The use of the scintillator 29 and the attenuator 25 provides a reference for the photo-multiplier 31. The material of the attenuator 25 is selected to have similar absorption properties to the body 32 to be examined so that accurate transmission readings may be obtained from the X radiations which pass through this body substantially independent of the X-ray source intensity. The material in the dummy attenuator 25 compensates, to some extent, for the X-ray tube spectrum drift. The space 27 between the body and block 26 is filled with a bag containing water so that the beam intensity received by the scintillator 28 is kept as constant as possible as it traverses the body 32, thus reducing the range of the readings which the photo-multiplier 31 has to handle. The apparatus may be calibrated initially by inserting a round homogeneous body in the aperture of the block 26. FIG. 6b is a similar system but the chopper is discarded and two separate detectors are used for measuring the sources and readings through the body.

The modification of FIG. 6a which is illustrated in FIG. 7 is intended to reduce the time required to complete an examination. According to FIG. 7 a series of photo-multipliers 311, 312 are used instead of the single photo-multiplier 31 of FIG. 6. The photo-multipliers have a common reference scintillator 29 and light pipe 30. Each photo-multiplier has individual collimators between it and the source of X-rays 20, the collimators being denoted by the references 211 and 231 in the case of the photo-multiplier 311. With this form of the invention the oscillation of the photo-multipliers and the associated collimating systems need be only a fraction of that of the apparatus shown in FIG. 6a. The photo-multipliers could also be arranged slightly displaced downwards so that six pictures can be taken at one time. As indicated, in FIG. 8a the outputs of the photo-multipliers 311, 312 are applied to a series of amplifiers 411, 412 . . . and thence to a serialiser 42 which feeds the plurality outputs of the amplifiers in series to an analogue-to-digital converter 43. The digital output of the converter 43 is fed to a magnetic tape recorder 44 and thence to a digital computer 45 which is programmed to compute the absorption coefficients of the elements of a matrix notionally superimposed on the body 32 under examination. The co-efficients computed by the computer 45 are recorded by a further magnetic tape recorder 46 from which they are applied to a picture selector control device 47. The tape produced by the computer 45 may be replaced on the tape recorder 44, recorder 46 then being unnecessary. The output of device 47 is applied to a digital-to-analogue converter 48 and thence to a control circuit 49 which has a manual knob 50 for controlling the position of the contrast window and another manual knob 51 for controlling the width of the window. The output of the control circuit 49 is fed to a display unit 52 which includes a cathode ray tube having a screen 53. The display unit 52 is arranged to respond to the output signals of the digital computer to build up a visual representation of the section of the object under examination. The term "window" denotes the range of signal amplitudes which is applied to the unit 52 to form the display, and the unit 52 is thus such that different absorption coefficients can be displayed on a scale from black to white. The contrast window width control knob 51 enables the full scale black to white to be occupied by a small or large critical range of absorption coefficients, and the observer may vary the position of the window by manipulation of the control knob 50. FIGS. 8b, 8c and 8d illustrate the effect of varying the width and position of the window. The values of the absorption coefficients are indicated on the vertical scale in these Figures. FIG. 8b illustrates the case in which a wide window is used, that is to say in which the black/white range covers a wide range of values of absorption coefficients. If signals exceeding peak white are removed, for example by limiting, only tissue and tumour will show on the picture. However, as the absorption coefficient of tumour is only 10 percent greater than that of tissue both will appear as grey and it will be difficult to distinguish between them. FIG. 8c shows the effect of using a narrow window. In this case it is not possible to distinguish between bone and tumour but it is easy to distinguish tissue from both bone and tumour. If signals exceeding peak white are removed, only tissue will shown up in the picture.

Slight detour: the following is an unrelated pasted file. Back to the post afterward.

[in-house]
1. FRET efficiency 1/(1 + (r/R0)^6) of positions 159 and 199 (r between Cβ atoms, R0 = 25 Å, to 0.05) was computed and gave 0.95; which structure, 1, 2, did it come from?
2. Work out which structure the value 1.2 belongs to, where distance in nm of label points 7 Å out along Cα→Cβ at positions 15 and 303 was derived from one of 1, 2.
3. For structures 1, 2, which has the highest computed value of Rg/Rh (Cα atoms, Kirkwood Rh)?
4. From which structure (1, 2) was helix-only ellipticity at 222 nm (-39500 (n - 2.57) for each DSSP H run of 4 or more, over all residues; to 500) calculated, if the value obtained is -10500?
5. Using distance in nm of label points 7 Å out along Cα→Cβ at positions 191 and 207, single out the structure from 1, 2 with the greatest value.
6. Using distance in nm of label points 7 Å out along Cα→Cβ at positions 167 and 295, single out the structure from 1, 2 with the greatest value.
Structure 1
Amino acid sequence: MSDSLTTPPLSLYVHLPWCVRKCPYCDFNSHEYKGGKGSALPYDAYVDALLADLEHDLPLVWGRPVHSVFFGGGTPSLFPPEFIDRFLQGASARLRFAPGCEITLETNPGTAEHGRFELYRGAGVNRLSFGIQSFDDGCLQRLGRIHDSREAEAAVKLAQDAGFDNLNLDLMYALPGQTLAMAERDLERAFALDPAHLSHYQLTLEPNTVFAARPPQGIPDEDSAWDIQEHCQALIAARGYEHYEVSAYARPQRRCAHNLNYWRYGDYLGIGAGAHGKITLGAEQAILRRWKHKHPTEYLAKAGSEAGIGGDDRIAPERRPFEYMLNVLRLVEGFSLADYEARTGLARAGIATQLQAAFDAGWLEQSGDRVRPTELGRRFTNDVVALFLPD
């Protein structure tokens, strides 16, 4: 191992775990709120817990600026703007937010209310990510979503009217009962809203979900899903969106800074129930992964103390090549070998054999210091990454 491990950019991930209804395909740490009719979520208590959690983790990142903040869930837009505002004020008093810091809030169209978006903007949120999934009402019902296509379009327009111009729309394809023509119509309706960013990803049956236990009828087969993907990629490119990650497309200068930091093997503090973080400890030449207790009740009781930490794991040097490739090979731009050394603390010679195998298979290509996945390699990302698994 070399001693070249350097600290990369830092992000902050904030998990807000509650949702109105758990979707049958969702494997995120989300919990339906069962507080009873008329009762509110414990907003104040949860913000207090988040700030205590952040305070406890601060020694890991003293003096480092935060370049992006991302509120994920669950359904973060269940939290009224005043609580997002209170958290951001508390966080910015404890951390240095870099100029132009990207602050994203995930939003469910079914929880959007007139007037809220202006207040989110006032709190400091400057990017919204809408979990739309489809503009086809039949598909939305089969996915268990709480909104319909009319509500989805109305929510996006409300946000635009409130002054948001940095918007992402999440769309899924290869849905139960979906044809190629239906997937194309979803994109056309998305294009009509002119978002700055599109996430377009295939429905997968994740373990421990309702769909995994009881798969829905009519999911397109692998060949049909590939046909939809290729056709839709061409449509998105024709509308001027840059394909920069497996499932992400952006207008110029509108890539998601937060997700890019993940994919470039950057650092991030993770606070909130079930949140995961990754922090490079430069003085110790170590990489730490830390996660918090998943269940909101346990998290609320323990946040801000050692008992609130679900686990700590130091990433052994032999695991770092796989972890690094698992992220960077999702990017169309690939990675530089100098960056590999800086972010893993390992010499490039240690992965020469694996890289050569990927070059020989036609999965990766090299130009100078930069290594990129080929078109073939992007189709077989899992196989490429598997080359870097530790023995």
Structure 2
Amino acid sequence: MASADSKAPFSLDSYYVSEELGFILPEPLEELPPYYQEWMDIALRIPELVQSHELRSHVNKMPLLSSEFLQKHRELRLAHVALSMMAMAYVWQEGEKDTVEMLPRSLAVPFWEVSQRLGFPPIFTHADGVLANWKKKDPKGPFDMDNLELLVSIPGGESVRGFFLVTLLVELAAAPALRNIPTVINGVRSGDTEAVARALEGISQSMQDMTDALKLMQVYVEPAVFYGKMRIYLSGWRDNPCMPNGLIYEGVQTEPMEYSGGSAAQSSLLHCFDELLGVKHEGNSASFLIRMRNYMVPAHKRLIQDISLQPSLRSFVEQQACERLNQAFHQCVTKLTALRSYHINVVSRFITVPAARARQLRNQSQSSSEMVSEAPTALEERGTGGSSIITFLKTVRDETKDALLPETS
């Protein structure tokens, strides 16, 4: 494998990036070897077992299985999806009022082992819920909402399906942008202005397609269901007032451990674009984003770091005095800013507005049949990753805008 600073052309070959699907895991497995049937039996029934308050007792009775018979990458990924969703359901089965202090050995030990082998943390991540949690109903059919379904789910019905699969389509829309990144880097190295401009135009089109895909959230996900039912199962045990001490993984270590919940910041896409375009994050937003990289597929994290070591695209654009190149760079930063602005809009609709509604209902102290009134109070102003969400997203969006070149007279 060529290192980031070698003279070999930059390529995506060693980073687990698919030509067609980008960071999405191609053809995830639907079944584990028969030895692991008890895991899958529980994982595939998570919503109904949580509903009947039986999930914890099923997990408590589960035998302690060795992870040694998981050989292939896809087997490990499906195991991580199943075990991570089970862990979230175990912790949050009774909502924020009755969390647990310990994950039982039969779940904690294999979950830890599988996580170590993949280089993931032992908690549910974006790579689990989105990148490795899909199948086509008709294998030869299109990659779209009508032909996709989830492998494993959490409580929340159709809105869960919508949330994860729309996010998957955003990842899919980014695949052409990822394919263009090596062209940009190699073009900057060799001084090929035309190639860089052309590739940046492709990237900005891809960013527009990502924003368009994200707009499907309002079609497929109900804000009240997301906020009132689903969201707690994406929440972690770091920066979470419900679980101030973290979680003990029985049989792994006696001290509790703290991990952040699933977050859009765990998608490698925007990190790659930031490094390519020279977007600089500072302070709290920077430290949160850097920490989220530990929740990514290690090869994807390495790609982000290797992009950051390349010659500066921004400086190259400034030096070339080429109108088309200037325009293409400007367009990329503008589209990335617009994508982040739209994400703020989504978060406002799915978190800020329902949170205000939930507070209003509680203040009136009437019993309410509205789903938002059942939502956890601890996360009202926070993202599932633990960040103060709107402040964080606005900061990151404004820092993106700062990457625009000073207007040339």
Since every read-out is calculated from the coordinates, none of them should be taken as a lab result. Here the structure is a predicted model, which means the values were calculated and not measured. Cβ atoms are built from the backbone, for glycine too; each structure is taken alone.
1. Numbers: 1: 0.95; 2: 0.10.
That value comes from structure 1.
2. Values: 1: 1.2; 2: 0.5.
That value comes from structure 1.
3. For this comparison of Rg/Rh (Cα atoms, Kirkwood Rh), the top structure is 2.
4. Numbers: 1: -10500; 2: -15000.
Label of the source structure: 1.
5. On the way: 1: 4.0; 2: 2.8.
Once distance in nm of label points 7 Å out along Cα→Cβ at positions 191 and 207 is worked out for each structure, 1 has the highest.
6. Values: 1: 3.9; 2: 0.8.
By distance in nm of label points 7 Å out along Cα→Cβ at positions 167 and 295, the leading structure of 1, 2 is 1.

FIG. 8d shows the effect of altering the position of the narrow window used in FIG. 8c. The tumour now appears as grey while tissue exceeds peak black and bone exceeds peak white. Consequently if signals exceeding peak white and peak black are removed, only the tumour will show up in the picture. It can therefore be seen that by manipulation of the width control knob 51 and position control knob 50 the operator can eliminate from the final picture everything except the material which he wishes to examine. The display unit may also include means for displaying up to four representations of different sections at one time and provision may be made to enable the observer to dwell on one representation. A long after glow tube may be used the picture being replenished by a continuous backwards and forwards pass of the tape deck. The digital computer 45 may be an on line computer and may be remote from the magnetic tape recorders 44 and 46 being connected thereto by suitable lines or the like. Alternatively the magnetic tape recorders may be arranged to store information for computation and display at desired times.